Prejudgment Interest

The court may award interest to the patentee, in addition to damages, upon finding a patent is both valid and infringed.

Upon finding for the claimant the court shall award the claimant damages adequate to compensate for the infringement, but in no event less than a reasonable royalty for the use made of the invention by the infringer, together with interest and costs as fixed by the court.

35 U. S. C. § 284.

Interest serves to compensate the patentee.

The standard governing the award of prejudgment interest under § 284 should be consistent with Congress' overriding purpose of affording patent owners complete compensation[.]

General Motors Corp. v. Devex Corp., 461 US 648, 655 (S.Ct. 1983).

Interest is not punitive.

Prejudgment interest has no punitive, but only compensatory, purposes. Interest compensates the patent owner for the use of its money between the date of injury and the date of judgment.

Oiness v. Walgreen Co., 88 F.3d 1025, 1033 (Fed.Cir. 1996).

Prejudgement interest is typically awarded in patent cases.

[P]rejudgment interest should ordinarily be awarded. In the typical case an award of prejudgment interest is necessary to ensure that the patent owner is placed in as good a position as he would have been in had the infringer entered into a reasonable royalty agreement.

General Motors Corp. v. Devex Corp., 461 US 648, 655 (S.Ct. 1983).

Prejudgement interest is available to both practicing and non-practicing entities.

NLG cites no case law suggesting that prevailing non-practicing entities are not entitled to prejudgment interest. We decline to create such a statutory exception.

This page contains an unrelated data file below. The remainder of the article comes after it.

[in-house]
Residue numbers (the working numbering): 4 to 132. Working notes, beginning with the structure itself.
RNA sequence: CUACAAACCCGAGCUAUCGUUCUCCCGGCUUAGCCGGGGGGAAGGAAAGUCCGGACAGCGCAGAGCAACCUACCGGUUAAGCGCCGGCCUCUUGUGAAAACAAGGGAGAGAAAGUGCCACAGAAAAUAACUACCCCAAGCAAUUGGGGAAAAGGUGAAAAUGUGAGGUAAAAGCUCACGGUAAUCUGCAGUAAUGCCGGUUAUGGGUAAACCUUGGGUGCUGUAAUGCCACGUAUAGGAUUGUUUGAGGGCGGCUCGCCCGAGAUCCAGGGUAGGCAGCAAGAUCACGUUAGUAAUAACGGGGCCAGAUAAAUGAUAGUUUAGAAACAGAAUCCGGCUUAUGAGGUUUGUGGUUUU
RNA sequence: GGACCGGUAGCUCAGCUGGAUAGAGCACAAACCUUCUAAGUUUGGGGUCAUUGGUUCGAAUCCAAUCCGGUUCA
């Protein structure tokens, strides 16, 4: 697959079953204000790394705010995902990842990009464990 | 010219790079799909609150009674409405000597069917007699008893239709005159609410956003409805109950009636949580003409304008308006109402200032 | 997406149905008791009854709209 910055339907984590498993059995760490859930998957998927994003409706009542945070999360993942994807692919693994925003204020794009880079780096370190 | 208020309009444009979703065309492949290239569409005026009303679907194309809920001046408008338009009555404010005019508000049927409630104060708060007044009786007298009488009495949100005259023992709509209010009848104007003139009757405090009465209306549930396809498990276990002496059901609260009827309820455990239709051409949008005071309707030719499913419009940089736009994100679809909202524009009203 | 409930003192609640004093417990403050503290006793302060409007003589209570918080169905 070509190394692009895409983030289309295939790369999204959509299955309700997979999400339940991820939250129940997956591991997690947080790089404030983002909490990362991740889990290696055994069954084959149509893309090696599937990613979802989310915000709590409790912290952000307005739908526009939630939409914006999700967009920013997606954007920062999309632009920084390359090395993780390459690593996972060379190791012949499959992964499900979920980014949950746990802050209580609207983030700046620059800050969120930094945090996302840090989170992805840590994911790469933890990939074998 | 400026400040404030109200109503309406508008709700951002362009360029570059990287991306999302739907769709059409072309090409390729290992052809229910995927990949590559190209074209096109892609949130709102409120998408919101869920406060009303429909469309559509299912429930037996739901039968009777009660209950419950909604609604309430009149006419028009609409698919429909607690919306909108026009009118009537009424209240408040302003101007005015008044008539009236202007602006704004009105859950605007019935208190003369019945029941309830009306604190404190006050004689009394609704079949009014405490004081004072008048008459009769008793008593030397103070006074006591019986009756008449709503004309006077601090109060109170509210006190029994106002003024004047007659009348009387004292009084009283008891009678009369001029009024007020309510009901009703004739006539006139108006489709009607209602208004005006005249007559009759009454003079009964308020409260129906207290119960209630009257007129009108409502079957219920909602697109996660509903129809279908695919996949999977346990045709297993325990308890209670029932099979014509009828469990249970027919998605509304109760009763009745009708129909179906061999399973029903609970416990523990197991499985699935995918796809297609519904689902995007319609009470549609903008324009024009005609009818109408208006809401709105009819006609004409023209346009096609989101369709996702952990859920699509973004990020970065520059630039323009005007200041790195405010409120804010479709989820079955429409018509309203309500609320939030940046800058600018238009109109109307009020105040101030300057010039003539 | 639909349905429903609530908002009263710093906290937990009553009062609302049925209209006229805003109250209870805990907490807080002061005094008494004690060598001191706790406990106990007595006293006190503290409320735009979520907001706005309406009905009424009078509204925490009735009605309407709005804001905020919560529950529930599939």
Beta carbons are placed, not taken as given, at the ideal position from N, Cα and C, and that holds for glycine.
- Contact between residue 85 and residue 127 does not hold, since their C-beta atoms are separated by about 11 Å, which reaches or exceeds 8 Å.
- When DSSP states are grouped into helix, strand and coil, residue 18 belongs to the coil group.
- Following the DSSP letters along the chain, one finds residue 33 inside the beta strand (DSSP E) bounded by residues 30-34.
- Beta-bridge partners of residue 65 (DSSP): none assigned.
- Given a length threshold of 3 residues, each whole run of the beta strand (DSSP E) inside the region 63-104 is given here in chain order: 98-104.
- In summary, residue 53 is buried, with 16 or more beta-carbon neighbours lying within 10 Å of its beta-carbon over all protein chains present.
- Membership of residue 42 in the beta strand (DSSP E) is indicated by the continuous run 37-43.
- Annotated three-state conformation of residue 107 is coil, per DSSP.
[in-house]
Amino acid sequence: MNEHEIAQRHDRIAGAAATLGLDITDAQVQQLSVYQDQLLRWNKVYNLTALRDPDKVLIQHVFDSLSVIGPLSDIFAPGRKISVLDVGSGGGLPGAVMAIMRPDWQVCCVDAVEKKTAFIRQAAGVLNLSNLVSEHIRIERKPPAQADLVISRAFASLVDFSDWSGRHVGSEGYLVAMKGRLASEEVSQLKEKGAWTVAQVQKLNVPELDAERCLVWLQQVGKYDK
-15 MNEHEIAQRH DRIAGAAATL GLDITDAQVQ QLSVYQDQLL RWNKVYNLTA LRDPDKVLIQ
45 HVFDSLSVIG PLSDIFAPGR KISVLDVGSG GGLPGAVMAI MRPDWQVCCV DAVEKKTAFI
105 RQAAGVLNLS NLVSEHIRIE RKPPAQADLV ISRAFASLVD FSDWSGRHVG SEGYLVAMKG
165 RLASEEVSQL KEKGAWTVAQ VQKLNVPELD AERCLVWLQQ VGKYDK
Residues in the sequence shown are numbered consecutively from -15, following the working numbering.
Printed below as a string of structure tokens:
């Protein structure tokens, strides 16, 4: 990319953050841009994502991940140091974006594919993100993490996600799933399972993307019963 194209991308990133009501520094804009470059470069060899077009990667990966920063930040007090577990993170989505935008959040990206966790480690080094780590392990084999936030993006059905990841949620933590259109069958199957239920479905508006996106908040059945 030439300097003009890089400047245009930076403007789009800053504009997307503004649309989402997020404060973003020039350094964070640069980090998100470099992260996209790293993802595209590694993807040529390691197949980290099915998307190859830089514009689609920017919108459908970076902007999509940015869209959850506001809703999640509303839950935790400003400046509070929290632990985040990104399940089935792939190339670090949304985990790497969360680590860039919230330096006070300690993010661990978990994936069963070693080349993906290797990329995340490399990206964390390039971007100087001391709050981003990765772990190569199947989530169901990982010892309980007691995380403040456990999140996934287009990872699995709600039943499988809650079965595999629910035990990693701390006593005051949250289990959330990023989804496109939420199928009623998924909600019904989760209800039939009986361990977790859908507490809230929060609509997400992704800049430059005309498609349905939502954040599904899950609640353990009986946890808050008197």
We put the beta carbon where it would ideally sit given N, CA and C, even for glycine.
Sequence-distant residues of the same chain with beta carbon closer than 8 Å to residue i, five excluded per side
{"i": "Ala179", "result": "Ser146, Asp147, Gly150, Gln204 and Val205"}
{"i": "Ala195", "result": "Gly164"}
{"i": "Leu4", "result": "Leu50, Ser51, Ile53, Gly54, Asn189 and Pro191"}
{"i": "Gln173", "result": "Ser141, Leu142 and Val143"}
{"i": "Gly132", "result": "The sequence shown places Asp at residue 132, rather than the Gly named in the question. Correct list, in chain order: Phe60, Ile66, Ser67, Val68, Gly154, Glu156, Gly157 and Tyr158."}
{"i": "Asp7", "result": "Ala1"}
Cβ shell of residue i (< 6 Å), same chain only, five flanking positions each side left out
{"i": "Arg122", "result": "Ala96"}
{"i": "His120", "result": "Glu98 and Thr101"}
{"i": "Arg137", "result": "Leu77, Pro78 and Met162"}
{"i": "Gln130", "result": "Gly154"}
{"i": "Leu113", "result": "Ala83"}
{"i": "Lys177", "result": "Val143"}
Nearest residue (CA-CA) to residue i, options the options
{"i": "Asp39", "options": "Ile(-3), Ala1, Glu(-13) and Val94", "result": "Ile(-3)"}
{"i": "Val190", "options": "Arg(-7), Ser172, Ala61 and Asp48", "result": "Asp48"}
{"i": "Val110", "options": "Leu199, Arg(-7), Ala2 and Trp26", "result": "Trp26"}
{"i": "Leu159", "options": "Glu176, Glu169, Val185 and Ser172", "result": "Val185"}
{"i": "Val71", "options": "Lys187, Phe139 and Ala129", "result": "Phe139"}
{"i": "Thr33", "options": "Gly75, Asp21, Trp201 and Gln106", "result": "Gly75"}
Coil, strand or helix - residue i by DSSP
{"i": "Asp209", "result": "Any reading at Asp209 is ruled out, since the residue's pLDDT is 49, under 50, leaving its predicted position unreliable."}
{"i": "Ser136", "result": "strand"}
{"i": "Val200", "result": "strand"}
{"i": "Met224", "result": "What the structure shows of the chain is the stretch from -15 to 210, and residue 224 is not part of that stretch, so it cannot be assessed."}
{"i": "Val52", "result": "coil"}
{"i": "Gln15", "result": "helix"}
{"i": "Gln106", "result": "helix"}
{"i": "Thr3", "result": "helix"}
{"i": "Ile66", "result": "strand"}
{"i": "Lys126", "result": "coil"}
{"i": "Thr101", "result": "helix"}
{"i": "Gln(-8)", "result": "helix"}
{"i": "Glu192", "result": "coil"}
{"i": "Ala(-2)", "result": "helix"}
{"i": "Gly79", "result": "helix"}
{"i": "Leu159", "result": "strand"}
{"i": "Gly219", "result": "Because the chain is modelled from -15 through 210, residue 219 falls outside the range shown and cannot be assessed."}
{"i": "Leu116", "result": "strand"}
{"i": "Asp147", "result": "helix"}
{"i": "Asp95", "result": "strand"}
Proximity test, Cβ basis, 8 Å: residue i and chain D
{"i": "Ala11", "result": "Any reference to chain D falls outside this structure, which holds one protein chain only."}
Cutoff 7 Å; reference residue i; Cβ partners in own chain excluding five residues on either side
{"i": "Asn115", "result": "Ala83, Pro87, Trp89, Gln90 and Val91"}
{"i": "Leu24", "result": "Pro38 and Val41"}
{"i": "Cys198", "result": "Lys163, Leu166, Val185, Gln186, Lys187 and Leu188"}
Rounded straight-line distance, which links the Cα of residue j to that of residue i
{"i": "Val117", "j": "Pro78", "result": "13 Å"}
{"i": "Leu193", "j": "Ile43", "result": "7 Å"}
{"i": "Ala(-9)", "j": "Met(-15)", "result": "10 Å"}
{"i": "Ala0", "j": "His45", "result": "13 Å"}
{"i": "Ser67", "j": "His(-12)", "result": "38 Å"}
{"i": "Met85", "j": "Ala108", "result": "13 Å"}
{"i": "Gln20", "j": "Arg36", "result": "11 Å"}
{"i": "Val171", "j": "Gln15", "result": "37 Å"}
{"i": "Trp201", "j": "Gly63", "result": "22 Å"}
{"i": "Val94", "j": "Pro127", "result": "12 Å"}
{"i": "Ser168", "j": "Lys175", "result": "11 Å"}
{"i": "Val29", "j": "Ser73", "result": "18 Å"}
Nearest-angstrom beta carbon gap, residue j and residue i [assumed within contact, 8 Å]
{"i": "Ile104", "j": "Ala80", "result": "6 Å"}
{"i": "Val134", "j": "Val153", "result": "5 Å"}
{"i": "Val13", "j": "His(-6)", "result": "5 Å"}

DdR Holdings, LLC v. Hotels. Com, LP, 773 F. 3d 1245, 1263 (Fed. Cir. 2014).

The court is not required to award prejudgment interest.

We do not construe § 284 as requiring the award of prejudgment interest whenever infringement is found. That provision states that interest shall be fixed by the court, and in our view it leaves the court some discretion in awarding prejudgment interest.

General Motors Corp. v. Devex Corp., 461 US 648, 656–57 (S.Ct. 1983).

For example, prejudgement interest may be limited when a court finds undue delay on the part of the patentee.

Crystal's two year delay in initiating the present suit caused the damages owed by TriTech and OPTi to escalate. The record contains sufficient evidence for the district court to determine that Crystal's delay was self-serving and resulted in prejudice to the defendants. Thus, the district court acted within its discretion in denying Crystal prejudgment interest.

Crystal Semiconductor v. Tritech Microelectronics, 246 F. 3d 1336, 1362 (Fed. Cir. 2001).

An analysis of prejudgment interest should reflect past damages only.

The trial court abused its discretion by awarding prejudgment interest on Oiness' entire damages award, including the projection of future damages. By awarding interest on projected lost profits, the trial court compensated Oiness for losses it had not yet suffered. In other words, the court granted Oiness interest for the use of its money when Oiness' money had not been used. This award violates the compensatory purpose of prejudgment interest.

Oiness v. Walgreen Co., 88 F. 3d 1025, 1033 (Fed. Cir. 1996).

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